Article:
reaffirming its position and standing as
Hawaii’s largest insurance agency.”
Russell Group releases new analytical
Russell Group has launched ALPS Casualty
to support the analytical modelling of
liability exposures stemming from the
The group, partnering with Dun &
Bradstreet, created a service that matches
and references each portfolio’s insureds.
The service links any subsidiary
insured companies to the ultimate
parent company, while also identifying
geographies and industry sectors that
the insured operates within.
ALPS Casualty enables casualty
underwriters to understand their exposure,
capital utilisation and underlying risk prior
to capital commitment.
Benefits to underwriters include better risk
selection, optimised capital and improved
response to market opportunities for new
Commenting on the launch, Suki Basi, CEO
of Russell Group, said: “ALPS Casualty
is the first of a new generation of ALPS
products that will help underwriters to
model, price and manage connected risk.”
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Captive Insurance Times
EPM captive rated excellent
A.M. Best has affirmed the financial strength
rating of “A- (Excellent)” and long-term
issuer credit rating of “a-” of Maxserguros,
the single-parent captive insurer of
Empresas Publicas de Medellin (EPM).
The ratings reflect Maxseguros’s strong
risk-adjusted capitalisation, supported by
a comprehensive and adequate reinsurance
programme, a history of consistently
strong operating performance, sound risk
management capabilities and conservative
balance sheet strategies.
According to A.M. Best, the positive
ratings are partially offset by
Maxseguros’s limited business and
market scope, which is somewhat
mitigated by the company’s stable loss
history, favourable geographic spread
of risk and the history of Maxseguros’s
growing surplus position and the support
of its ultimate parent, EPM.
The captive provides reinsurance to the
EPM group, covering property damage and
business interruption, commercial crime
and directors’, officers’ and construction
EPM, owned by the Colombian municipality
of Medellin, is a power generation and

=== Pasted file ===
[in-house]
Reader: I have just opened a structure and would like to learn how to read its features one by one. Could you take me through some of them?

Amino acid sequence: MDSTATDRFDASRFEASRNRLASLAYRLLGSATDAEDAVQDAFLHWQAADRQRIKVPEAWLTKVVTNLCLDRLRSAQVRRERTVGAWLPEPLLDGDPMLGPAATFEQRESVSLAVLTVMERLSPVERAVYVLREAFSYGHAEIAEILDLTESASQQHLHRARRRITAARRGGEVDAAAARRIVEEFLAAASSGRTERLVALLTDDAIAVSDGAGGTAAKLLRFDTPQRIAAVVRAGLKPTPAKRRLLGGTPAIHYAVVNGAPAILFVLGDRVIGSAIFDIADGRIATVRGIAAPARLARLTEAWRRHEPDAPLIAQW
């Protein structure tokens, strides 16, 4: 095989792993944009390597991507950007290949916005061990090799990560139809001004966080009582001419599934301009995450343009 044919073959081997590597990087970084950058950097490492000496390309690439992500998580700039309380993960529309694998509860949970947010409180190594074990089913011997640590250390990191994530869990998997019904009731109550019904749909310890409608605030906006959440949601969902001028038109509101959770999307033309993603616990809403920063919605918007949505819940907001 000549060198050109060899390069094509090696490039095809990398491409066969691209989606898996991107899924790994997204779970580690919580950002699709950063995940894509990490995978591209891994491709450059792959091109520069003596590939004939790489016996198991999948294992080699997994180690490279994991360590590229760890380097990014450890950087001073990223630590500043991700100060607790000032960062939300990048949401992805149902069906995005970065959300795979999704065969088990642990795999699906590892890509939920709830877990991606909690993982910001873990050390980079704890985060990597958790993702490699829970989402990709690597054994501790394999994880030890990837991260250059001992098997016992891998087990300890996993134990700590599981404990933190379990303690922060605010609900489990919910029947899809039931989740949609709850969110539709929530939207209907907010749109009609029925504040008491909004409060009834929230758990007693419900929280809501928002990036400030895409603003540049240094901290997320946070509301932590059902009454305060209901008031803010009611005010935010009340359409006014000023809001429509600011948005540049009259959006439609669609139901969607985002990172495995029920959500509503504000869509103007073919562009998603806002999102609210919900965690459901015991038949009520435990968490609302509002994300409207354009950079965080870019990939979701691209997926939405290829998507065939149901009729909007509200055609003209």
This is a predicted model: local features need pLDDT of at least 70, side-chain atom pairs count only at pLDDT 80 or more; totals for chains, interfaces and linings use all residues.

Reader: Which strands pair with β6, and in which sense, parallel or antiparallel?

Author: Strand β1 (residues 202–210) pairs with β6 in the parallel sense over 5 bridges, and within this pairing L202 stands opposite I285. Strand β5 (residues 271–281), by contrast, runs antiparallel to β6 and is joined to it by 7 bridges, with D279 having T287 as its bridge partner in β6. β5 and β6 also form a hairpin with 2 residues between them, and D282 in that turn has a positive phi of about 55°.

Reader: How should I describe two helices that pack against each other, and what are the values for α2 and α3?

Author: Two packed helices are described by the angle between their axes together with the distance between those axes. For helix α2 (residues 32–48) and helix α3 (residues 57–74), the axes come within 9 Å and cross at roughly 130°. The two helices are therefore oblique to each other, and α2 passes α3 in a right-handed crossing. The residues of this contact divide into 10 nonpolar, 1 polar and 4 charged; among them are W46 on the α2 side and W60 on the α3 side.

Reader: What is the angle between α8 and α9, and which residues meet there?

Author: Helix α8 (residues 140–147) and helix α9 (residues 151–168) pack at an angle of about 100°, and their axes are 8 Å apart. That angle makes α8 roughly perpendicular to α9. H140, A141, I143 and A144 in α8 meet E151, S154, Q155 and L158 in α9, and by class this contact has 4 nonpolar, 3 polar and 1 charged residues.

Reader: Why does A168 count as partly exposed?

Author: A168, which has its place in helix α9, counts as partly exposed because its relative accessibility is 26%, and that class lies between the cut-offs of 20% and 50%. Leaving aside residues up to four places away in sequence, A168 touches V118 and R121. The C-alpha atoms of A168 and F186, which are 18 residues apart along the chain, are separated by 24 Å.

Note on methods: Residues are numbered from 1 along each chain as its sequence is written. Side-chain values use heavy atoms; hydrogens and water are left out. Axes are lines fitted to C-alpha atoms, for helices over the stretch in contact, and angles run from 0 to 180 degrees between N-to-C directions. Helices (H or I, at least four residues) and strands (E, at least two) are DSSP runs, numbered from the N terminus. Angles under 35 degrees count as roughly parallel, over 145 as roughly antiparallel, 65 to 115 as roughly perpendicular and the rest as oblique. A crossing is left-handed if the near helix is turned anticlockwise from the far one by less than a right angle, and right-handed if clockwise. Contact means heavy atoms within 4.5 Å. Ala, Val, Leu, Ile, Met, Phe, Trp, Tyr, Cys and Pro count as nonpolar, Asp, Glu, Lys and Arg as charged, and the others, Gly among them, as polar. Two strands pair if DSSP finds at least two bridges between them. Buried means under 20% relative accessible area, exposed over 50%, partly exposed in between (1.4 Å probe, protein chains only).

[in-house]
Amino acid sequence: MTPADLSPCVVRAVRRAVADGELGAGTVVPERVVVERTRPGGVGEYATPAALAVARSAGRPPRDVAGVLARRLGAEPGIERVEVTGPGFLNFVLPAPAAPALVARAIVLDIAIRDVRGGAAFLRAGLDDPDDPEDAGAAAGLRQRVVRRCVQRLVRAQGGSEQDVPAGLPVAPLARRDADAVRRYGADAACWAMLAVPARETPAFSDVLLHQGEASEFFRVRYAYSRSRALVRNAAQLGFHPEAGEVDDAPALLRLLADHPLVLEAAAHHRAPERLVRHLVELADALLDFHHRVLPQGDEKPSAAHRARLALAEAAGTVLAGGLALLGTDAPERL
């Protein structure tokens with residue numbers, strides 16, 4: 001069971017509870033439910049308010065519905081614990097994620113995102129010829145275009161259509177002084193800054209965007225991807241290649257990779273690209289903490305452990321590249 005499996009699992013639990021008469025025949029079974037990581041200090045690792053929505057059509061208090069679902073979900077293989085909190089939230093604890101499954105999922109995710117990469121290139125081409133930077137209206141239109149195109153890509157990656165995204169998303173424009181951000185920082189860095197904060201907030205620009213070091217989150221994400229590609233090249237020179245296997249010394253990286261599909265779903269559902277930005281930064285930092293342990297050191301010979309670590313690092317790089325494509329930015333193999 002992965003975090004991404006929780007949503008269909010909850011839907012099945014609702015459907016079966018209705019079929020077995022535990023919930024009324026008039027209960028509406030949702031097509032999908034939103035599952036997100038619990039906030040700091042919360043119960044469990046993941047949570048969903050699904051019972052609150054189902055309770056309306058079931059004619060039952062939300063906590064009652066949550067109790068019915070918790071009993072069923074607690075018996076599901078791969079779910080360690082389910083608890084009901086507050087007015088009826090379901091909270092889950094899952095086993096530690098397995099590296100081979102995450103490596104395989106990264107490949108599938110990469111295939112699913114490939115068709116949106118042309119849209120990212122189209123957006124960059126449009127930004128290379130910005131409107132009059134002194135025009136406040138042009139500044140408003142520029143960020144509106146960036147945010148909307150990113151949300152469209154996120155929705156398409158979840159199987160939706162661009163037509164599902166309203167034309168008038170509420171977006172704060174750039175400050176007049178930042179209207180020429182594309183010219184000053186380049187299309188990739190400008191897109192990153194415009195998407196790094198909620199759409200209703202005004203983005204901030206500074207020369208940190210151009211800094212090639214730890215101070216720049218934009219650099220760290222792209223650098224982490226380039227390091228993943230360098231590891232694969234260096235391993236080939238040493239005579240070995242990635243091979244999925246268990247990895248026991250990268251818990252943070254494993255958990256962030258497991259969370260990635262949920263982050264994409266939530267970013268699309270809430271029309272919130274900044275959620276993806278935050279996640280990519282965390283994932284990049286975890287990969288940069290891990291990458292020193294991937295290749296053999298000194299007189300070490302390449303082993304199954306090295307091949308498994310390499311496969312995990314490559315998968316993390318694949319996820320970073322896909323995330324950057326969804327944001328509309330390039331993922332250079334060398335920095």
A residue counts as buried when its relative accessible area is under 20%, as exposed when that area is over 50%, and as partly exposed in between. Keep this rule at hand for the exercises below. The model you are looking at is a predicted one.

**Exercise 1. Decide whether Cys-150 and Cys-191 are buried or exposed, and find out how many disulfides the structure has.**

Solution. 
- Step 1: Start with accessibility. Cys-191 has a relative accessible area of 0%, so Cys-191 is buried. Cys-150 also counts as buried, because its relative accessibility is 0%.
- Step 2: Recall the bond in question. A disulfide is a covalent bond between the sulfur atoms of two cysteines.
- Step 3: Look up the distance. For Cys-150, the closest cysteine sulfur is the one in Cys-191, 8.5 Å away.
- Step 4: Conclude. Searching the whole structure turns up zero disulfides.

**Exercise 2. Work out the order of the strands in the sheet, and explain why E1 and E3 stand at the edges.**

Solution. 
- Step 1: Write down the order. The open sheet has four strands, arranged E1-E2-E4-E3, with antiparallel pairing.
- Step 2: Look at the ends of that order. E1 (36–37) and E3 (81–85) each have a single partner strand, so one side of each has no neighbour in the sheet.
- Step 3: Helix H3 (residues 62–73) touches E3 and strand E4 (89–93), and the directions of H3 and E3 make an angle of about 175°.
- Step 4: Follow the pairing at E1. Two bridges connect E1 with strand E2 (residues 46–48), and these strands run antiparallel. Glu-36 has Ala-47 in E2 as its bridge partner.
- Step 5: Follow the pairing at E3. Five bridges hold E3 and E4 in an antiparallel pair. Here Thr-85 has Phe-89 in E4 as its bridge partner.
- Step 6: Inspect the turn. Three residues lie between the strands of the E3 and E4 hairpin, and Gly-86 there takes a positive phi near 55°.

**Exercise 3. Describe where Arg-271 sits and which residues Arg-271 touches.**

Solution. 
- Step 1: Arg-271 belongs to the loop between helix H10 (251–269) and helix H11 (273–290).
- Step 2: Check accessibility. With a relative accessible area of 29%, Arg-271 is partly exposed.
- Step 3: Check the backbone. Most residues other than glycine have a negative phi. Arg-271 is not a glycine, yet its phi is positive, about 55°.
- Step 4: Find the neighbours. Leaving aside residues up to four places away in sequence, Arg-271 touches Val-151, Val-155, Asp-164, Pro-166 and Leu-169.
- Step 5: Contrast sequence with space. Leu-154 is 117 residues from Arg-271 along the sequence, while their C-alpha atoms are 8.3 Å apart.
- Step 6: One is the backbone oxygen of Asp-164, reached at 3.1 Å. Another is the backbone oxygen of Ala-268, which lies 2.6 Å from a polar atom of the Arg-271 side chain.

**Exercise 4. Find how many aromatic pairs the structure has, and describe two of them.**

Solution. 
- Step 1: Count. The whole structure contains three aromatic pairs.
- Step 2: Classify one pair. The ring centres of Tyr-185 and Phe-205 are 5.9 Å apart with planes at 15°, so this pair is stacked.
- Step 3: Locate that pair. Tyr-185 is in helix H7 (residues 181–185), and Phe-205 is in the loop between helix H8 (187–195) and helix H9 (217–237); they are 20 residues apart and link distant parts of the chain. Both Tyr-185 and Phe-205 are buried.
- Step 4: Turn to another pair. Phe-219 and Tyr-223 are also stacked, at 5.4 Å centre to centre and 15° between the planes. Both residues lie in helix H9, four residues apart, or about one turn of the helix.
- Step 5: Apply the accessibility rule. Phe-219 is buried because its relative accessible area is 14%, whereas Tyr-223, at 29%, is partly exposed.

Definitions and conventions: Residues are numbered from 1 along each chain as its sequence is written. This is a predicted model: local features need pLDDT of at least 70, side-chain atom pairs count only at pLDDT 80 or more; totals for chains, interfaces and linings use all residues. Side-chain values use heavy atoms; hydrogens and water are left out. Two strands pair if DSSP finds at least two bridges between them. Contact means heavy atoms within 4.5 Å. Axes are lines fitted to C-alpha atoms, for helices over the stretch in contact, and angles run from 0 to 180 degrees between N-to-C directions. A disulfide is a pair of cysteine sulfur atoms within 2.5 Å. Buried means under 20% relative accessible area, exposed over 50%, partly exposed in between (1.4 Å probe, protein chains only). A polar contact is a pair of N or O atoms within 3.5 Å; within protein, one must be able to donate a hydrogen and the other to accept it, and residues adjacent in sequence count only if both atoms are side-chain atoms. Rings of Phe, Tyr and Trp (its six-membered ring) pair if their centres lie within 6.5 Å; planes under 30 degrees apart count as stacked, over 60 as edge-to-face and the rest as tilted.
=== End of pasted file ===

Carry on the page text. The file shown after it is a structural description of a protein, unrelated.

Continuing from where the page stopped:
multi-utility company in Columbia.
A.M. Best suggested that Maxseguros
is well-positioned to sustain a strong
level of operating performance due to its
demonstrated risk management expertise
and conservative underwriting criteria,
hence, the stable outlooks.
CapAlt to provide captive services to
Financial Engineering Institute
The Financial Engineering Institute’s (FEI)
network has selected Captive Alternatives
to provide captive insurance company
management services. Captive Alternatives
will provide services to the FEI’s network
of wealth management firms, investment
and insurance advisers, and attorneys and
certified public accountants.
Nick Gregory, president and managing
partner of FEI, commented: “The captive
insurance model is an essential consideration
when it comes to building a comprehensive
risk and wealth management strategy.
Captive Alternative’s international presence
and expertise in this market make them a
natural fit for our team.”
Captive Alternatives CEO Mark Jacobs
added: “To achieve the wealth management
goals of a family or business and remain
fully compliant, you have to assemble a
great team. We are honoured to join one in
FEI’s expert sourcing team.”
A.M. Best affirms UnipolRe ratings
A.M. Best has affirmed the financial strength
rating of “A- (Excellent)” and the long-term
issuer credit rating of “a-” of UnipolRe
4 Captive Insurance Times www.captiveinsurancetimes.com
Designated Activity Company (UnipolRe),
based in Ireland.
According to A.M. Best, the ratings reflect
UnipolRe’s excellent risk-adjusted capitalisation
and good operating performance.
In addition, the ratings consider
UnipolRe’s strategic importance to its
parent UnipolSai Assicurazioni.
Unipol Re operates as a European thirdparty
reinsurer, which operated as a group
reinsurance captive until the end of 2014.
A.M. Best expects the company’s riskadjusted
capitalisation to remain at an
excellent level over the medium term, with
additional capital contributions from its
parent supporting expansion in line with the
company’s updated business strategy.
The company reported gross written
premiums of €56.5 million in 2016 and
is expected to increase significantly its
business volumes in 2017. An offsetting
rating factor is the risk inherent in rapid
premium growth predominantly in one line
RMC opens London offices
The RMC Group has opened two new
offices in the UK, in a move that it has called
a “strong statement” of intent to build on its
Ryan Mitchell, president of European
operations at RMC, will work in the London
offices and is responsible for coordinating
the group’s European reinsurance business.
Mitchell said: “Opening several offices in
London is a strong statement of our intent
to expand RMC’s international presence
“We have bold ambitions to grow our
European platform, and anticipate adding
both personnel and product lines in the
One of the new offices is located in central
London, close to Liverpool Street Station, and
the other is on Brewhouse Lane in East London.